List of Allied BATTLEships that served at Gallipoli & sunk
HMS Inflexible (1907)
HMS Inflexible was an Invincible-class battlecruiser of the British Royal Navy. She was built before World War I and had an active career during the war. She tried to hunt down the German battlecruiser SMS Goeben and the light cruiser SMS Breslau in the Mediterranean Sea when war broke out and she and her sister ship Invincible sank the German armoured cruisers SMS Scharnhorst and SMS Gneisenau during the Battle of the Falkland Islands. Inflexible bombarded Turkish forts in the Dardanelles in 1915, but was damaged by return fire and struck a mine while maneuvering. She had to be beached to prevent her from sinking, but she was patched up and sent to Malta, and then Gibraltar for more permanent repairs. Transferred to the Grand Fleet afterwards, she damaged the German battlecruiser Lützow during the Battle of Jutland and watched Invincibleexplode. She was deemed obsolete after the war and was sold for scrap in 1921.
HMS Goliath (1898)
HMS Goliath was a pre-dreadnought battleship of the British Royal Navy and a member of the Canopus class. Intended for service in Asia. Goliath was laid down in January 1897, launched in March 1898, and commissioned into the fleet in March 1900.
With the outbreak of the First World War in August 1914, Goliath was served as a guard ship in Loch Ewe.
From March 1915, she was part of the Dardanelles Campaign, and remained in support of the landings at Gallipoli in April. On 13 May 1915 Goliath was sunk in Morto Bay off Cape Helles by three torpedoes from the Ottoman destroyer Muâvenet-i Millîye. Out of her crew of 750, 570 were killed in the sinking.
Muavenet-i Milliye warship of Ottomans which torpidoet HMS Goliath & made it sunk
HMS Irresistible (1898)
HMS Irresistible was a Formidable-class pre-dreadnought battleship. The ship was laid down in April 1898, was launched in December that year, and was completed in October 1901.
Following the outbreak of World War I, Irresistible, along with the squadron, was assigned to the Channel Fleet. After operations with the Dover Patrol, during which she bombarded German forces in northern France, she was assigned to the Dardanelles Campaign in February 1915. She took part in numerous unsuccessful attacks on the Ottoman forts guarding the Dardanelles in February and March. These operations included several raids by landing parties to destroy Ottoman coastal artillery batteries. On 18 March 1915, she struck a naval mine that caused extensive flooding and disabled her engines. Without power, she began to drift into the range of Turkish guns, which laid down a withering fire. Attempts to tow her failed, so her surviving crew was evacuated and Irresistible was abandoned and eventually sank. Her crew suffered around 150 killed in the sinking.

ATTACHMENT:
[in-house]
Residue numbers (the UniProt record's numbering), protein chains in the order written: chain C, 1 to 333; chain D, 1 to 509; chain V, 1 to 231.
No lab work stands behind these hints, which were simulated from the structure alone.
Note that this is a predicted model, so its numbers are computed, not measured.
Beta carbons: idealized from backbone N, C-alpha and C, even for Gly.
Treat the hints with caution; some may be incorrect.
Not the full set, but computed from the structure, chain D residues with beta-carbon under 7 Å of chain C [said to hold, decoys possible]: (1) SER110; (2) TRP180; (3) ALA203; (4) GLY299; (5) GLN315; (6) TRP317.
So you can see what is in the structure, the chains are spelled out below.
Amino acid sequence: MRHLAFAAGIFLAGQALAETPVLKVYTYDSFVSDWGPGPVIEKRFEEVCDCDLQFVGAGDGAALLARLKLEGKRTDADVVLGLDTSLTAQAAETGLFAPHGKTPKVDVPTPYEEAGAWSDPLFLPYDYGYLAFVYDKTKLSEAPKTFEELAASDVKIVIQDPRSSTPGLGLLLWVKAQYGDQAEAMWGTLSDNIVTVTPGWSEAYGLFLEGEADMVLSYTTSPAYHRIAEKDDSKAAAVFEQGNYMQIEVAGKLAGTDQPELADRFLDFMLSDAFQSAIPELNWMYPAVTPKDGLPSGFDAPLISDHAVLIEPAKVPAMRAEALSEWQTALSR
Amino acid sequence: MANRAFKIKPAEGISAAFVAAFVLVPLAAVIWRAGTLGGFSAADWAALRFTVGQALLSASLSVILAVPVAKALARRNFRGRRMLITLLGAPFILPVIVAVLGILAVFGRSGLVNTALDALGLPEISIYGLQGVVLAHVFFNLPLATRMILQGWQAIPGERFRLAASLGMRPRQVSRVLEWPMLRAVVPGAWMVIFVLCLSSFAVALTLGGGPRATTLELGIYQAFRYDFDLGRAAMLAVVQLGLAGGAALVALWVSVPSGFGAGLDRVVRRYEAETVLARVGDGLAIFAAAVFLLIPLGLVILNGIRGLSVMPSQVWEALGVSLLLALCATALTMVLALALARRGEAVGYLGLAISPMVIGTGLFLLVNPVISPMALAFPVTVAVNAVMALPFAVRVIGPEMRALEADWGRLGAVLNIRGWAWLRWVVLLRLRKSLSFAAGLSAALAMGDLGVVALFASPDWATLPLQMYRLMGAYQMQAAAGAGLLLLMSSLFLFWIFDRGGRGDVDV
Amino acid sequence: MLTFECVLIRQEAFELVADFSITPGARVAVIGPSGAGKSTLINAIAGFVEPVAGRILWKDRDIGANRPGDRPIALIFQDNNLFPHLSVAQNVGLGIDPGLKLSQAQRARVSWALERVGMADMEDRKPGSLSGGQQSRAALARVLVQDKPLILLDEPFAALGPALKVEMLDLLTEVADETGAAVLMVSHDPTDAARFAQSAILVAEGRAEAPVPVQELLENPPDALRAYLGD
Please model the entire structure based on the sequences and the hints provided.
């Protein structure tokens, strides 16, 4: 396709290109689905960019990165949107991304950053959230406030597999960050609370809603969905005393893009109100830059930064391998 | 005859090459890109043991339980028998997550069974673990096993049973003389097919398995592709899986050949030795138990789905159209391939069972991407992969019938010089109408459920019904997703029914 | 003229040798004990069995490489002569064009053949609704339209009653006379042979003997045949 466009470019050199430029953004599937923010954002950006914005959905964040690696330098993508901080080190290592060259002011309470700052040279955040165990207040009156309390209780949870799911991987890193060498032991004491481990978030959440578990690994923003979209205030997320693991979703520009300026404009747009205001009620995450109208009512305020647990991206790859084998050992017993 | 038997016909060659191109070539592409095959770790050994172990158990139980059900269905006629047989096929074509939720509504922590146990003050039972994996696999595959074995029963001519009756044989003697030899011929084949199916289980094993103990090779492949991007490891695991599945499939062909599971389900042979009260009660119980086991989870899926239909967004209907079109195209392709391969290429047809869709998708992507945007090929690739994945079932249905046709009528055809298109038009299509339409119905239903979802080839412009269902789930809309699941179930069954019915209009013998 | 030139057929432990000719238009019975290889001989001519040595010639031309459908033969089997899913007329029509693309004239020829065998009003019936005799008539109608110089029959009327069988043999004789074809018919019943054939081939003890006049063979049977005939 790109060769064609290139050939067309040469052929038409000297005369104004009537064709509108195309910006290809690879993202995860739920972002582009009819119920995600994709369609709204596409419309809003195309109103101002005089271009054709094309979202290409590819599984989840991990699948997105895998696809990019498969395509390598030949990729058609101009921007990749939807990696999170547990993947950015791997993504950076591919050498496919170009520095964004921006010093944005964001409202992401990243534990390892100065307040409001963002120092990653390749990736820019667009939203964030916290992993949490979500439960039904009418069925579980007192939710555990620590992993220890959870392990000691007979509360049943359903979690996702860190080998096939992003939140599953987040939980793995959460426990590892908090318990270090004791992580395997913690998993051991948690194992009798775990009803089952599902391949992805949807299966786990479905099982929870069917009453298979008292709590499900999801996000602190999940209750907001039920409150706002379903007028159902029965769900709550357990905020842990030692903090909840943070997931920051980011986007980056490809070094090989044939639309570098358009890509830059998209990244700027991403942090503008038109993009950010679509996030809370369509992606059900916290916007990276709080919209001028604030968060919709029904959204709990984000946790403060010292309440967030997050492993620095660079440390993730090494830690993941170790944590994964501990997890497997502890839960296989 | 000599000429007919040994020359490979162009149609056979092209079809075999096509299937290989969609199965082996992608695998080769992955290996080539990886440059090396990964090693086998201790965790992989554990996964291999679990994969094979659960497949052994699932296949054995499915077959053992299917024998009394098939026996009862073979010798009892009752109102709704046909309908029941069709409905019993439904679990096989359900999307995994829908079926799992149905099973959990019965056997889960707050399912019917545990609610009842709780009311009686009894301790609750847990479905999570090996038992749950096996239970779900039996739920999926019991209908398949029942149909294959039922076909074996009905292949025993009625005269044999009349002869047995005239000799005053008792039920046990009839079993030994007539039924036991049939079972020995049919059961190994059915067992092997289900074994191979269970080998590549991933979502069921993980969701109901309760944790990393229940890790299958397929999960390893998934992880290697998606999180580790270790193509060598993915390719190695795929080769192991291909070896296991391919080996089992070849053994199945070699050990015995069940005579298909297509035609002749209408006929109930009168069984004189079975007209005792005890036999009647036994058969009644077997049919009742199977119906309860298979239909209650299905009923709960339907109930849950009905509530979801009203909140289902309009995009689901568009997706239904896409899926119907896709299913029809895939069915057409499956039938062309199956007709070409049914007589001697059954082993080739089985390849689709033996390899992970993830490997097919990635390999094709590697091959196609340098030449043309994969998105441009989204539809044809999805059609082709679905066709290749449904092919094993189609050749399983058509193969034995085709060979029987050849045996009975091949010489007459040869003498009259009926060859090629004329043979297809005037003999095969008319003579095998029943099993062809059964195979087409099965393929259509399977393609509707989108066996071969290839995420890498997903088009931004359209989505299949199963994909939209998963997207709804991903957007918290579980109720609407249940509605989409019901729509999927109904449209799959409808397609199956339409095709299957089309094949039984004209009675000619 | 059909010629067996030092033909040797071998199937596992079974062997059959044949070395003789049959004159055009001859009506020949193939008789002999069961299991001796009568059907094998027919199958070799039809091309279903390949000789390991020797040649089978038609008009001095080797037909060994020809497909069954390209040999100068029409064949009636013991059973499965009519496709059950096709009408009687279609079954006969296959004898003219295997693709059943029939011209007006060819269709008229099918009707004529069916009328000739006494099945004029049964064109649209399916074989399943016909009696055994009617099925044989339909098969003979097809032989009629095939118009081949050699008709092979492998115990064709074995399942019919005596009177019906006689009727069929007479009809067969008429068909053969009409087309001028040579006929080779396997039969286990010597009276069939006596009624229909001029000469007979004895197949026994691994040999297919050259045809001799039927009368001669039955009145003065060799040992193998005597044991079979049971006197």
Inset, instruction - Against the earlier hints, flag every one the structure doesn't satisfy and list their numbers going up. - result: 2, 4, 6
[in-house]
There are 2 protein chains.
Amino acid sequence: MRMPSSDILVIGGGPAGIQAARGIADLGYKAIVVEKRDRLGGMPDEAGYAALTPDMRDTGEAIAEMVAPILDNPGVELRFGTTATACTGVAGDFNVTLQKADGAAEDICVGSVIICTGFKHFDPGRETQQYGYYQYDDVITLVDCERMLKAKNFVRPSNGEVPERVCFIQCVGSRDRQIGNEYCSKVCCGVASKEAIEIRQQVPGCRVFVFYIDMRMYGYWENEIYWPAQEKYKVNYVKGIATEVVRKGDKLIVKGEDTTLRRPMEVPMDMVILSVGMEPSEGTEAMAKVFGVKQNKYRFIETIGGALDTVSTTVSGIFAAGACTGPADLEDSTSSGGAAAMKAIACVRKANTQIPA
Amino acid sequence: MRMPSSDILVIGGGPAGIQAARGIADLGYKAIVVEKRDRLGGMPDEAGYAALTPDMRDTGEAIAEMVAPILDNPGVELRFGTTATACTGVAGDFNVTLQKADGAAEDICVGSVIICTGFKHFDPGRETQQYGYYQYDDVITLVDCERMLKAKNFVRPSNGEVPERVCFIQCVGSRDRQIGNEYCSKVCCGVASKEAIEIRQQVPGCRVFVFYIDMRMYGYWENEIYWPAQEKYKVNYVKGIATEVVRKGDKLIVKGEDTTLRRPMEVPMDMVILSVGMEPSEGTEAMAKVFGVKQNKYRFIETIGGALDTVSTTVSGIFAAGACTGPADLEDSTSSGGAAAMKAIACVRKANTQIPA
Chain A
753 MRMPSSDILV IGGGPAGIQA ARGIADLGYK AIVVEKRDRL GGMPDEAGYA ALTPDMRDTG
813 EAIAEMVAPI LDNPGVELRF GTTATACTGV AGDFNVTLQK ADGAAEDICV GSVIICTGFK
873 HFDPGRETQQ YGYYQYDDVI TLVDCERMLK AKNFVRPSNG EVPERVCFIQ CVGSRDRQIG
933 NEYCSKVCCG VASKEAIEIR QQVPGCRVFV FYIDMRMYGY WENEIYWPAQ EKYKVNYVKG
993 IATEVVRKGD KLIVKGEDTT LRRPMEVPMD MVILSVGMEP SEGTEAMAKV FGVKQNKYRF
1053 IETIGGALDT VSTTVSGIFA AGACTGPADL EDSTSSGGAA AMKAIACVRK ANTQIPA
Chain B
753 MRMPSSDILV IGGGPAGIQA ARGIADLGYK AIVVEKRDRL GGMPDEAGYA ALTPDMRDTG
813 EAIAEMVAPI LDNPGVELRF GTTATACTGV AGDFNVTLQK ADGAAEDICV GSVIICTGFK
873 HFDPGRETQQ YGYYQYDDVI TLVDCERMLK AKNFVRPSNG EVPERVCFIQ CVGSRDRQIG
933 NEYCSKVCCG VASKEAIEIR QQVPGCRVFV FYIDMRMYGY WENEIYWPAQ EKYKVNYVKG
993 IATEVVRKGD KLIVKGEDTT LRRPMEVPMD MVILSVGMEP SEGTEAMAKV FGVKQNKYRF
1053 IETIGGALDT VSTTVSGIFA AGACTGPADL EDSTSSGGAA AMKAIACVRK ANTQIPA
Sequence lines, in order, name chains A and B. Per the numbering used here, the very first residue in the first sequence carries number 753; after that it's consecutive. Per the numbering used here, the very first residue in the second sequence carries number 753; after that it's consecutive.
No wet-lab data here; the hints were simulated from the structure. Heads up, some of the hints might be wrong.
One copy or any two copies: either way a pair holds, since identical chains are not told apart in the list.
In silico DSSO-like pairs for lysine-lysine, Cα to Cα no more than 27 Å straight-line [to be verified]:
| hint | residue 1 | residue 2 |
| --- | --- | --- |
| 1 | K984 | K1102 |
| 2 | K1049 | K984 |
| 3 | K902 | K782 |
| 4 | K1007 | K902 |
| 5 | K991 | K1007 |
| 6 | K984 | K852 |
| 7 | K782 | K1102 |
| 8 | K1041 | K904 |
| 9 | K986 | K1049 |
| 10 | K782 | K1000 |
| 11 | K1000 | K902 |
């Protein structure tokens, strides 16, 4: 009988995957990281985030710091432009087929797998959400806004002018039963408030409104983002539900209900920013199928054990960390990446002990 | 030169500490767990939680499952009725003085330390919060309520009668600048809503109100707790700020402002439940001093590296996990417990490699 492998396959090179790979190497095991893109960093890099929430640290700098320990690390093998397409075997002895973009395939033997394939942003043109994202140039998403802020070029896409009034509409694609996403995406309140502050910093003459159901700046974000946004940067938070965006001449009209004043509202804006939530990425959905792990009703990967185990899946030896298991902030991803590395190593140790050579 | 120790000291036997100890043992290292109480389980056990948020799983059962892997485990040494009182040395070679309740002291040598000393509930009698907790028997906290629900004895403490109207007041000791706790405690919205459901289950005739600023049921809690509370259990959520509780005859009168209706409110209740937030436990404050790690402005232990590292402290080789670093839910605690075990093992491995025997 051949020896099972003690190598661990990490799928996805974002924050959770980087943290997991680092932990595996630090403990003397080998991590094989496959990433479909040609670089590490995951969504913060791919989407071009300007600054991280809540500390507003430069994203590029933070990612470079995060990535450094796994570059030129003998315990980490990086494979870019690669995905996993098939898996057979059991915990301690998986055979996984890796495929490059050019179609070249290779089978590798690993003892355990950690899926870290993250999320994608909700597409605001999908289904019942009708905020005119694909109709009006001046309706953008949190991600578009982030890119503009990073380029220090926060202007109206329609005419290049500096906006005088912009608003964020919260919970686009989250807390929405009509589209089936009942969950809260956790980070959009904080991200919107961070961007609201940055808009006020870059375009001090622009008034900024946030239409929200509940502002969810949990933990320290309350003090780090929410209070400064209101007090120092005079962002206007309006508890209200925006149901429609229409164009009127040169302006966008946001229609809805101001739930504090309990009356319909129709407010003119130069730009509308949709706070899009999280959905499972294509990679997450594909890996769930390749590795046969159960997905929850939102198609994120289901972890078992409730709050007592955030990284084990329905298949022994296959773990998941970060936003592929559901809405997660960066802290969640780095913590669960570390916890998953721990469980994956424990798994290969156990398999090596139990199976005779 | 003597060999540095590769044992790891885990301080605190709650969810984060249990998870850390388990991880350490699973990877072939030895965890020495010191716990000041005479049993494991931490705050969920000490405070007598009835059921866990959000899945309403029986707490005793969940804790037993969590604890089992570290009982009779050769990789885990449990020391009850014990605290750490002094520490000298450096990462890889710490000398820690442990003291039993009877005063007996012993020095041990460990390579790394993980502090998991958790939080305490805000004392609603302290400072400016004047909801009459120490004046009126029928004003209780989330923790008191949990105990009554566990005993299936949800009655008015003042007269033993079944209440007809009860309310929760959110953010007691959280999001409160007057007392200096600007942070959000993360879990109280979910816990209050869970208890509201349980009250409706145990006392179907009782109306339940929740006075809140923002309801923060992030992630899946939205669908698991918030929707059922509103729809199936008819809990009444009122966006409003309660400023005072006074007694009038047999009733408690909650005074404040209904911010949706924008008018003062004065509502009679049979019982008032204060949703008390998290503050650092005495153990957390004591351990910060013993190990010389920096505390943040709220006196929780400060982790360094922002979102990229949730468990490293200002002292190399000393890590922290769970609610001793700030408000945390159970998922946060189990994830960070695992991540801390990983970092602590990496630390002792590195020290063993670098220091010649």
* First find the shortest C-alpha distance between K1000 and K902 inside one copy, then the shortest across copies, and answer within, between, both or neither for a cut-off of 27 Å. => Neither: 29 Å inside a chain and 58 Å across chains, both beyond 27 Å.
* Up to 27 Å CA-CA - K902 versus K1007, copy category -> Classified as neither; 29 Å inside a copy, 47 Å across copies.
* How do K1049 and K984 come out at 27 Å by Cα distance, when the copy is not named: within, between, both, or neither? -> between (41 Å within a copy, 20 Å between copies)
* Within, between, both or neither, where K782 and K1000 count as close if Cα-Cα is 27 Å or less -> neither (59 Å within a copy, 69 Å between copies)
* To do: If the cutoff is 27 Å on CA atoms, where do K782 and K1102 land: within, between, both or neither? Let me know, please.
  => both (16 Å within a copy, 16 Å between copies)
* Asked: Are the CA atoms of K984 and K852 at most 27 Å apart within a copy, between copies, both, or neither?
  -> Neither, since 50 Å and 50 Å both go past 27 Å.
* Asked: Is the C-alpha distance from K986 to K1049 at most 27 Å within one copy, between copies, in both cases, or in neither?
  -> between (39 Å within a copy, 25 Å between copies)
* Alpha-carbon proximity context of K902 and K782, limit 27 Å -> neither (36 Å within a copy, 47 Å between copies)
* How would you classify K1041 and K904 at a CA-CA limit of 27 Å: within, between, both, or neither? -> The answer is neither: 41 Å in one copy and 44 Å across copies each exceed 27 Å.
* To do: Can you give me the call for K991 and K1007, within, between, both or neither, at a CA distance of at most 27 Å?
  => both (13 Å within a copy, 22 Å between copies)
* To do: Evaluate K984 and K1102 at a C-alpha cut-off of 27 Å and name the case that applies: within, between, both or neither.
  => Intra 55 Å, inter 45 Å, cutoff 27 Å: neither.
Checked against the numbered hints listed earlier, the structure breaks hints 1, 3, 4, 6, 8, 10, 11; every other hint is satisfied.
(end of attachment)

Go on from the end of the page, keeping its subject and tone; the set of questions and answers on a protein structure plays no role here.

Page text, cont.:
HMS Majestic (1895)
HMS Majestic was a Majestic-class pre-dreadnought battleship of the Royal Navy. Commissioned in 1895, she was the largest predreadnought launched at the time.
In early 1915, she was dispatched to the Mediterranean for service in the Dardanelles Campaign. She participated in bombardments of Turkish forts and supported the Allied landings at Gallipoli. On 27 May 1915, she was torpedoed by a U-boat at Cape Helles, sinking with the loss of 49 men.
HMS Majestic capsized hull
HMS Ocean (1898)
The fourth HMS Ocean was a pre-dreadnought battleship of the British Royal Navy and a member of the Canopus class. Ocean was laid down in December 1897, launched in July 1898, and commissioned into the fleet in February 1900.
In late 1914, Ocean participated in an attack on Basra before being transferred to Egypt to defend the Suez Canal. In February 1915, she was reassigned to the Dardanelles Campaign, and she took part in several attacks on the Ottoman fortifications defending the Dardanelles. On 18 March, she attempted to retrieve the battleship Irresistible after the latter had been badly damaged by a mine in Erenköy Bay, but had to abandon her salvage efforts due to heavy Turkish gunfire. She instead evacuated the surviving crew of Irresistible but struck a mine while making for the open sea. Badly damaged, her crew and the survivors of Irresistible were taken off by destroyers and Ocean left to sink in Morto Bay.
HMS Triumph (1903)
HMS Triumph, originally known as Libertad, was the second of the two Swiftsure-class pre-dreadnought battleships of the Royal Navy. The ship was ordered by the Chilean Navy, but she was purchased by the United Kingdom as part of ending the Argentine–Chilean naval arms race. Triumph was initially assigned to the Home Fleet and Channel Fleets before being transferred to the Mediterranean Fleet in 1909. The ship briefly rejoined the Home Fleet in 1912 before she was transferred abroad to the China Station in 1913. Triumph participated in the hunt for the German East Asia Squadron of Maximilian Graf von Spee and in the campaign against the German colony at Tsingtao, China early in World War I. The ship was transferred to the Mediterranean in early 1915 to participate in the Dardanelles Campaign against the Ottoman Empire. She was torpedoed and sunk off Gaba Tepe by the German submarine U-21 on 25 May 1915.